×
You will be redirected back to your article in seconds

Anything Goes

Cole Porter's "Anything Goes" has sailed into the Ahmanson Theater, its physical production a nearly exact art deco replica of what theatergoers recently enjoyed on Broadway.

With:
Billy Crocker - Erich Bergen Reno Sweeney - Rachel York Hope Harcourt - Alex Finke Lord Evelyn Oakleigh - Edward Staudenmayer Erma - Joyce Chittick Moonface Martin - Fred Applegate With: Dennis Kelly, Sandra Shipley, Jeremy Benton, Chuck Wagner, Jeff Brooks, Gary Lindemann, Michael Milton, Bobby Pestka, Ryan Steer, Kristopher Thompson-Bolden, Aaron Umsted, Sean Watkins, Vincent Rodriguez III, Marcus Shane, Jacqueline Burtney, Courtney Rottenberger, Dionna Thomas Littleton, Vanessa Sonon, Jan Leigh Herndon, MacKenzie Warren, Ashley Peacock, Kristie Kerwin.

Cole Porter’s “Anything Goes” has sailed into the Ahmanson Theater, its physical production a nearly exact art deco replica of what theatergoers recently enjoyed on Broadway. The cast is another story, but under Kathleen Marshall’s snappy direction this ship of fools falling in and out of love remains very sea-worthy, even if fond memories of Sutton Foster and the very underrated Colin Donnell linger.

It’s an odd love story right from the get-go. Nightclub singer Reno Sweeney (Rachel York) is infatuated with stock broker Billy Crocker (Erich Bergen), but he only has eyes for a young heiress, Hope (Alex Finke), whom he just met. Reno and Billy aren’t right for each other, and neither are York and Bergen. Intriguingly, both perfs don’t really catch fire until they meet their respective true loves on stage.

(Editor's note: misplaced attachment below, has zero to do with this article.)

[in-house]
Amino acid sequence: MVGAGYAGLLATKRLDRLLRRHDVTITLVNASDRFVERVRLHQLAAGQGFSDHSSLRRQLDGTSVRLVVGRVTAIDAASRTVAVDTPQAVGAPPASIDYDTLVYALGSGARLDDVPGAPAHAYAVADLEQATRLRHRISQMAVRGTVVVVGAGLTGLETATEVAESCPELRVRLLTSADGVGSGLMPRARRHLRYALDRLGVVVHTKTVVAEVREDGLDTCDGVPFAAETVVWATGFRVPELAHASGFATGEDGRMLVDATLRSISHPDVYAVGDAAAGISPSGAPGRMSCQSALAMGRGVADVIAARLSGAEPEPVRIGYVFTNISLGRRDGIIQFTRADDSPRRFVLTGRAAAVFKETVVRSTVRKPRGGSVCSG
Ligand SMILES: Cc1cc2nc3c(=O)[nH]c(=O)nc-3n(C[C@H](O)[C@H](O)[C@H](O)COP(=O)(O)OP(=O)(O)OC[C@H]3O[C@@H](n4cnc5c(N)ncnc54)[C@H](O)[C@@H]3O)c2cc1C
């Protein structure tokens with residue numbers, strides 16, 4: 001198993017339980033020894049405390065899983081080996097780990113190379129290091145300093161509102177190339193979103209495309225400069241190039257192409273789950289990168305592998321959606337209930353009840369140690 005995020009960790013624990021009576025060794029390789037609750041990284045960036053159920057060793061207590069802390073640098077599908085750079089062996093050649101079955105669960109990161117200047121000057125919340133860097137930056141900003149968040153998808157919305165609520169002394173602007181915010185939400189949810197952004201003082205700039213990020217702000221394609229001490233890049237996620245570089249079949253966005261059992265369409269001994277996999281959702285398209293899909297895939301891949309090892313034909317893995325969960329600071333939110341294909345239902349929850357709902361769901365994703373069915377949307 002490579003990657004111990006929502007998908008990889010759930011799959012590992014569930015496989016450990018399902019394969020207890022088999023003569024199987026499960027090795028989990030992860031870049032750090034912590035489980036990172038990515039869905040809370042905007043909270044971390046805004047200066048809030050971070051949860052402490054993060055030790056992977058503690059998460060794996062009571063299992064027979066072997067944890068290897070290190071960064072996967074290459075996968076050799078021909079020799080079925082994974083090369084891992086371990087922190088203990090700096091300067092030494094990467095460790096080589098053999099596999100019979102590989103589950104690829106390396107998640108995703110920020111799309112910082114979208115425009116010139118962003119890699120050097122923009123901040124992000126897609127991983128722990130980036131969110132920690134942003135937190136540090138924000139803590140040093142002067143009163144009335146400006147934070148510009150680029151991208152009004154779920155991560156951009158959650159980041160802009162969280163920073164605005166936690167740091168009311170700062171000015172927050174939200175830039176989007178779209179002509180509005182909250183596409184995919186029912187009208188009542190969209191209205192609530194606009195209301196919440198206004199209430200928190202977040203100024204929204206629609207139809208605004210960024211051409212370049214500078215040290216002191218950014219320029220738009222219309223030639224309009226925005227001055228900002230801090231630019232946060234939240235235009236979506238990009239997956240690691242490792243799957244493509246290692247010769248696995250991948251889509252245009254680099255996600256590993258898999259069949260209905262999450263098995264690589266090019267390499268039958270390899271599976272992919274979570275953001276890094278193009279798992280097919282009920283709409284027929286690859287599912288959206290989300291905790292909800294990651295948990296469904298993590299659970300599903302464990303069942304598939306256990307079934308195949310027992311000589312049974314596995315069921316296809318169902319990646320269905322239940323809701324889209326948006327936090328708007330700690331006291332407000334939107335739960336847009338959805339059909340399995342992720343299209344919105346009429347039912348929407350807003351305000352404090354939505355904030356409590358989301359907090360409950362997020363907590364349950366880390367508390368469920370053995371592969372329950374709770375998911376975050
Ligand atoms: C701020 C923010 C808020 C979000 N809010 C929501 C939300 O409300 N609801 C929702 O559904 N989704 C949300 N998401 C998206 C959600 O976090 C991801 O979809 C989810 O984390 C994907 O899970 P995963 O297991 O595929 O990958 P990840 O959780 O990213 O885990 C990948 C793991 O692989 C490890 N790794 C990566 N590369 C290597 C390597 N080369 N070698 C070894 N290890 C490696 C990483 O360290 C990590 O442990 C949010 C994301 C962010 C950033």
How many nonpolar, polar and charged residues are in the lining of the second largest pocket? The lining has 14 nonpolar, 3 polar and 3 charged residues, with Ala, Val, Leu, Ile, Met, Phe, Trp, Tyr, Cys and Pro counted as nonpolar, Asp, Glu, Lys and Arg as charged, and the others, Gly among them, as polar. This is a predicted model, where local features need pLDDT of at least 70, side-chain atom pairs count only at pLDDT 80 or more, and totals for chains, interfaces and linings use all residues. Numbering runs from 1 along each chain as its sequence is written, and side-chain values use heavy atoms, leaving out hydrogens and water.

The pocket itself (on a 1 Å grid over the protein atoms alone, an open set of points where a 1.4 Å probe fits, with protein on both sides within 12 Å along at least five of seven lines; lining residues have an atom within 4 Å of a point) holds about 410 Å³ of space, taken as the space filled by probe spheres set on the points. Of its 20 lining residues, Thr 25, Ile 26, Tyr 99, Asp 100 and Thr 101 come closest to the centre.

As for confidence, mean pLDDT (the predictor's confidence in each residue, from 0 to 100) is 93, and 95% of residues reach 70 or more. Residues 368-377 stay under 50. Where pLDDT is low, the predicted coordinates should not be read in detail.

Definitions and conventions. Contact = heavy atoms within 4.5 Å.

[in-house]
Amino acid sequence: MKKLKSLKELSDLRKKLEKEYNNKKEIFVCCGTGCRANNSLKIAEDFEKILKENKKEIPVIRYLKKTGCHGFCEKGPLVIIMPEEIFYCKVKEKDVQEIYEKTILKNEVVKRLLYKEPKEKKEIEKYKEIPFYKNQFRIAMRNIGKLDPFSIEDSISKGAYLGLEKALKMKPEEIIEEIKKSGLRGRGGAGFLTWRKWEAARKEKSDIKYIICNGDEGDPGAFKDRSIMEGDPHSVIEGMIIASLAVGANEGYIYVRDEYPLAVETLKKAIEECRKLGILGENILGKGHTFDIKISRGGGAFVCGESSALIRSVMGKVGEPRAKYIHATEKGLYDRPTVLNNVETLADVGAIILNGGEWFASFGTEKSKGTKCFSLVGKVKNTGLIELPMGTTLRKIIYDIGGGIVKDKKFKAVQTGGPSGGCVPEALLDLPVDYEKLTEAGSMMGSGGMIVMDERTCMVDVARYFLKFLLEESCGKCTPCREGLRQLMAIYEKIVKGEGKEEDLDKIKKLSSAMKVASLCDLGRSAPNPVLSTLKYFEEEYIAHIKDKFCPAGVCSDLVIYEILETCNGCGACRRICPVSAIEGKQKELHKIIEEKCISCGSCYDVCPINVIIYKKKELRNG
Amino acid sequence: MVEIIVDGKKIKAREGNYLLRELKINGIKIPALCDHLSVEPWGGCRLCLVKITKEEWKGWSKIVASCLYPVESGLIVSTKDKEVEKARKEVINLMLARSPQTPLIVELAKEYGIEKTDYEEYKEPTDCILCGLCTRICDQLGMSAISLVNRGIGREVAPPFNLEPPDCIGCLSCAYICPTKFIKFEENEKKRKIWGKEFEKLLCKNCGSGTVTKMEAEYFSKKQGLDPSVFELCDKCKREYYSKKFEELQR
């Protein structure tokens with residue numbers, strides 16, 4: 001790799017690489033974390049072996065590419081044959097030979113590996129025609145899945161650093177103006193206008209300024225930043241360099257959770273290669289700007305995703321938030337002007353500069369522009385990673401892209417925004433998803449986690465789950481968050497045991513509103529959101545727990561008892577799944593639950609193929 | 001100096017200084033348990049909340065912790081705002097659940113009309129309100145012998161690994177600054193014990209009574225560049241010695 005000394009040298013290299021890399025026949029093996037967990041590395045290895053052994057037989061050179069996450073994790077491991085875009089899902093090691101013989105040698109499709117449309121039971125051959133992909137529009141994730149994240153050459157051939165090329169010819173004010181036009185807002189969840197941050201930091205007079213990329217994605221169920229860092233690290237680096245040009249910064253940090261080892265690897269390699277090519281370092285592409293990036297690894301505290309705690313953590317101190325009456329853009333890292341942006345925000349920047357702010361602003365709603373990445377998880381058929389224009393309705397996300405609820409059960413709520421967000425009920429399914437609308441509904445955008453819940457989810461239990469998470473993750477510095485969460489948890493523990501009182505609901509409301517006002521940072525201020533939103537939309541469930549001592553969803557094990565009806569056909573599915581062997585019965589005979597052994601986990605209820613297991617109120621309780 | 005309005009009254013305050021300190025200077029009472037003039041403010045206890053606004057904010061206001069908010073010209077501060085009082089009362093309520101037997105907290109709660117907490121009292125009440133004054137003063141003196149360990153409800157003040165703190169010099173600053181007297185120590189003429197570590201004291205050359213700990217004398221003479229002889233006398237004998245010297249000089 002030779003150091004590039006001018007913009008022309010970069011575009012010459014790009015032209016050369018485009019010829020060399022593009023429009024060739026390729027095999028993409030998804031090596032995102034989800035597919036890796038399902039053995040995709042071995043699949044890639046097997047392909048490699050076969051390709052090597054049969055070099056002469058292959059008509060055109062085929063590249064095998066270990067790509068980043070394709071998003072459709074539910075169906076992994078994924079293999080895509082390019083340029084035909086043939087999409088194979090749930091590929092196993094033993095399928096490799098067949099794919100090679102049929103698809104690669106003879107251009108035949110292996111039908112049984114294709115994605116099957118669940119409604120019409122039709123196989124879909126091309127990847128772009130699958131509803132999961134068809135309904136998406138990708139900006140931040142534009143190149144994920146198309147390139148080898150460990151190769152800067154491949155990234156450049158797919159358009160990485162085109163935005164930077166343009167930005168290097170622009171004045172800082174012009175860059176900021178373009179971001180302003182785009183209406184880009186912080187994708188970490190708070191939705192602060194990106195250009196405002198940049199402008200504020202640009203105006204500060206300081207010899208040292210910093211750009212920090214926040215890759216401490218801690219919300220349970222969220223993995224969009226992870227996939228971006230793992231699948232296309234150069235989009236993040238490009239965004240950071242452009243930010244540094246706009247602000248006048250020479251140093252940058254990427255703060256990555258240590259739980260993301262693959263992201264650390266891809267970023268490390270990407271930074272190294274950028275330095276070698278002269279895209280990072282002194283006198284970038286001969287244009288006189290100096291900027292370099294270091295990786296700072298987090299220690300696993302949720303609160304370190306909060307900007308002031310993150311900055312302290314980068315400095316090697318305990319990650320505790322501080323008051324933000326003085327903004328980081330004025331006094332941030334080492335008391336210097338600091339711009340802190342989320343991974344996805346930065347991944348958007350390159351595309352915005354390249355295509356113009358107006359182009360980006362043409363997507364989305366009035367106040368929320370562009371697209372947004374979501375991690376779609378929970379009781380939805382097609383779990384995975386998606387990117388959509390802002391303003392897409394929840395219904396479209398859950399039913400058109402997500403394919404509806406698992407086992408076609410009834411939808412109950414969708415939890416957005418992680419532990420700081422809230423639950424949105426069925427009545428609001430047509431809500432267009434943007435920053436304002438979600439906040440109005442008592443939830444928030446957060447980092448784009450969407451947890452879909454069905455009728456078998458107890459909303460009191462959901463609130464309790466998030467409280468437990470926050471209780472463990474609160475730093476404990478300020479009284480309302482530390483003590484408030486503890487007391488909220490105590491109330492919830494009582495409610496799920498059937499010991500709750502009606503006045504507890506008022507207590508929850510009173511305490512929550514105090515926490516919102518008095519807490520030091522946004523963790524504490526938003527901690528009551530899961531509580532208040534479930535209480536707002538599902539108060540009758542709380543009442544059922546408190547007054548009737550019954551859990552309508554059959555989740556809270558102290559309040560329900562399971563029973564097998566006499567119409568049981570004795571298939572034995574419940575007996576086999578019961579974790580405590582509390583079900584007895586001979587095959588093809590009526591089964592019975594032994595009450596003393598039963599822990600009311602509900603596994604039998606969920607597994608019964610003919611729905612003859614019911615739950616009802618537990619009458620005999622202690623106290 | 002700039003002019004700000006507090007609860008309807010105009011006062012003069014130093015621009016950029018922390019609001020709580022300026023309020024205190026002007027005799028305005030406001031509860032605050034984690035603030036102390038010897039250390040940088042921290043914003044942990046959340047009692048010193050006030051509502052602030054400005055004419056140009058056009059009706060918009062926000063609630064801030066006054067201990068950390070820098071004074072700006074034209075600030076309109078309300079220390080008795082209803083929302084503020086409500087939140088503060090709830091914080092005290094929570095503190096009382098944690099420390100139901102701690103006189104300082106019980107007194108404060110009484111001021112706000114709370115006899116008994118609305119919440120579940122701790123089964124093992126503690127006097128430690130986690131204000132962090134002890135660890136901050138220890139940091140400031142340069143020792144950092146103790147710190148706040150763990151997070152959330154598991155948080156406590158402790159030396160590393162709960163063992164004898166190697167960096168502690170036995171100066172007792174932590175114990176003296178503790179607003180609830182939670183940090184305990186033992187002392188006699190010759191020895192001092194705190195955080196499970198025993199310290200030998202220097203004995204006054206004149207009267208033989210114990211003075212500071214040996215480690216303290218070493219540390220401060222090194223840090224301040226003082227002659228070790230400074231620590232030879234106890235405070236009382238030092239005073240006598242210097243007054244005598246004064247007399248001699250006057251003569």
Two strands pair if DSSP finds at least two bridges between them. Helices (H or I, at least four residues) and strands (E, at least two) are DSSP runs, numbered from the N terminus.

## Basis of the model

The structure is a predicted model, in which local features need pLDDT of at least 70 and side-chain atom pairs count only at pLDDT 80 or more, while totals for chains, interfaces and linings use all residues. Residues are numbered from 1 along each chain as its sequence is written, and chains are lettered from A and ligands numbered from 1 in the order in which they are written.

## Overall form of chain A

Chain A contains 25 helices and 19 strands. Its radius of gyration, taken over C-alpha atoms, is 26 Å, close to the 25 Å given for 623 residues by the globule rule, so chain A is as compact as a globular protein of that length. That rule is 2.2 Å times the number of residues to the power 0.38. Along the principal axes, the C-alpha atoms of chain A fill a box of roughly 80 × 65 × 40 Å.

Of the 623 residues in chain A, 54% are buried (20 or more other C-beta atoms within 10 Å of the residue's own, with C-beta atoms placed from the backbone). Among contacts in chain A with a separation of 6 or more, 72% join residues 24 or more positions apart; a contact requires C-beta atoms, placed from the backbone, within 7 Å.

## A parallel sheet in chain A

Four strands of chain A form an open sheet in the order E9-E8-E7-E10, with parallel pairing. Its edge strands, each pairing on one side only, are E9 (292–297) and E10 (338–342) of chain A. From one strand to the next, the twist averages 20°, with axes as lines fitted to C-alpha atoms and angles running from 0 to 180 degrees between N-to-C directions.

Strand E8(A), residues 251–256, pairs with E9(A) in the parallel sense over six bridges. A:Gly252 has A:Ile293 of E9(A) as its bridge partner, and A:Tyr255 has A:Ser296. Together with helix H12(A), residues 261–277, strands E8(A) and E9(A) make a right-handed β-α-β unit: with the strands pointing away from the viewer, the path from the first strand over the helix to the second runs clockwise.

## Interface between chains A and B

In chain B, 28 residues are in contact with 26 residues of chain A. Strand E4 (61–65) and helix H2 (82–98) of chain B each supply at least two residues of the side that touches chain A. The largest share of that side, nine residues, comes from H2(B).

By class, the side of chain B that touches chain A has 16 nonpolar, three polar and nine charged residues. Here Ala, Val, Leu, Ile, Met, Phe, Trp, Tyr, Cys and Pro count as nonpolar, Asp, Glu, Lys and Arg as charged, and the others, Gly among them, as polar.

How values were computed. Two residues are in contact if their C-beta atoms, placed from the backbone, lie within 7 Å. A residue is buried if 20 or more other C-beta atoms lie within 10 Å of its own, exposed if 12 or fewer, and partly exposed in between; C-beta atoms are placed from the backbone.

For Bergen, that’s just a few minutes into the first act. At first glance, he’s a bland goodlooking leading man. But his stolidity has a slow comic burn to it, and when he sings “Easy to Love” to his heiress love, there’s real fire here. Imagine Fred Astaire with a really great singing voice, and you’ve got Bergen. It’s a clear, pure tenor with lots of head voice that is absolutely true to the period. Neither he nor Finke are polished hoofers, but one of Marshall’s major talents as a choreographer is her ability to create effective pas de deux for actor-singers who aren’t necessarily trained dancers. Meanwhile, when she’s working with the real thing, her hand-picked chorus of ace tappers, she delivers two showstoppers, “Anything Goes” and “Blow, Gabriel, Blow,” that absolutely sizzle.

York’s Reno Sweeney takes some getting used to for those theatergoers who know this classic tuner. She’s got the voice, and she’s a pretty good dancer. But York seems to be channeling Mae West through Olive Oyl’s body. It’s a concept that’s more intriguing on paper than realized here on stage. But when she finally discovers love, with the insipidly English Lord Evelyn Oakleigh (Edward Staudenmayer), the two of them turn “The Gypsy in Me” into a camp classic.

The much-revised “Anything Goes” book is wise to eschew political correctness and fashion its best jokes around Asians, alcoholism, blindness and same-sex affection. Much of that humor is carried by a supporting couple of scoundrels, Erma and Moonface Martin, played by Joyce Chittick and Fred Applegate, who are comic perfection from the moment they step on stage.

Popular on Variety

Anything Goes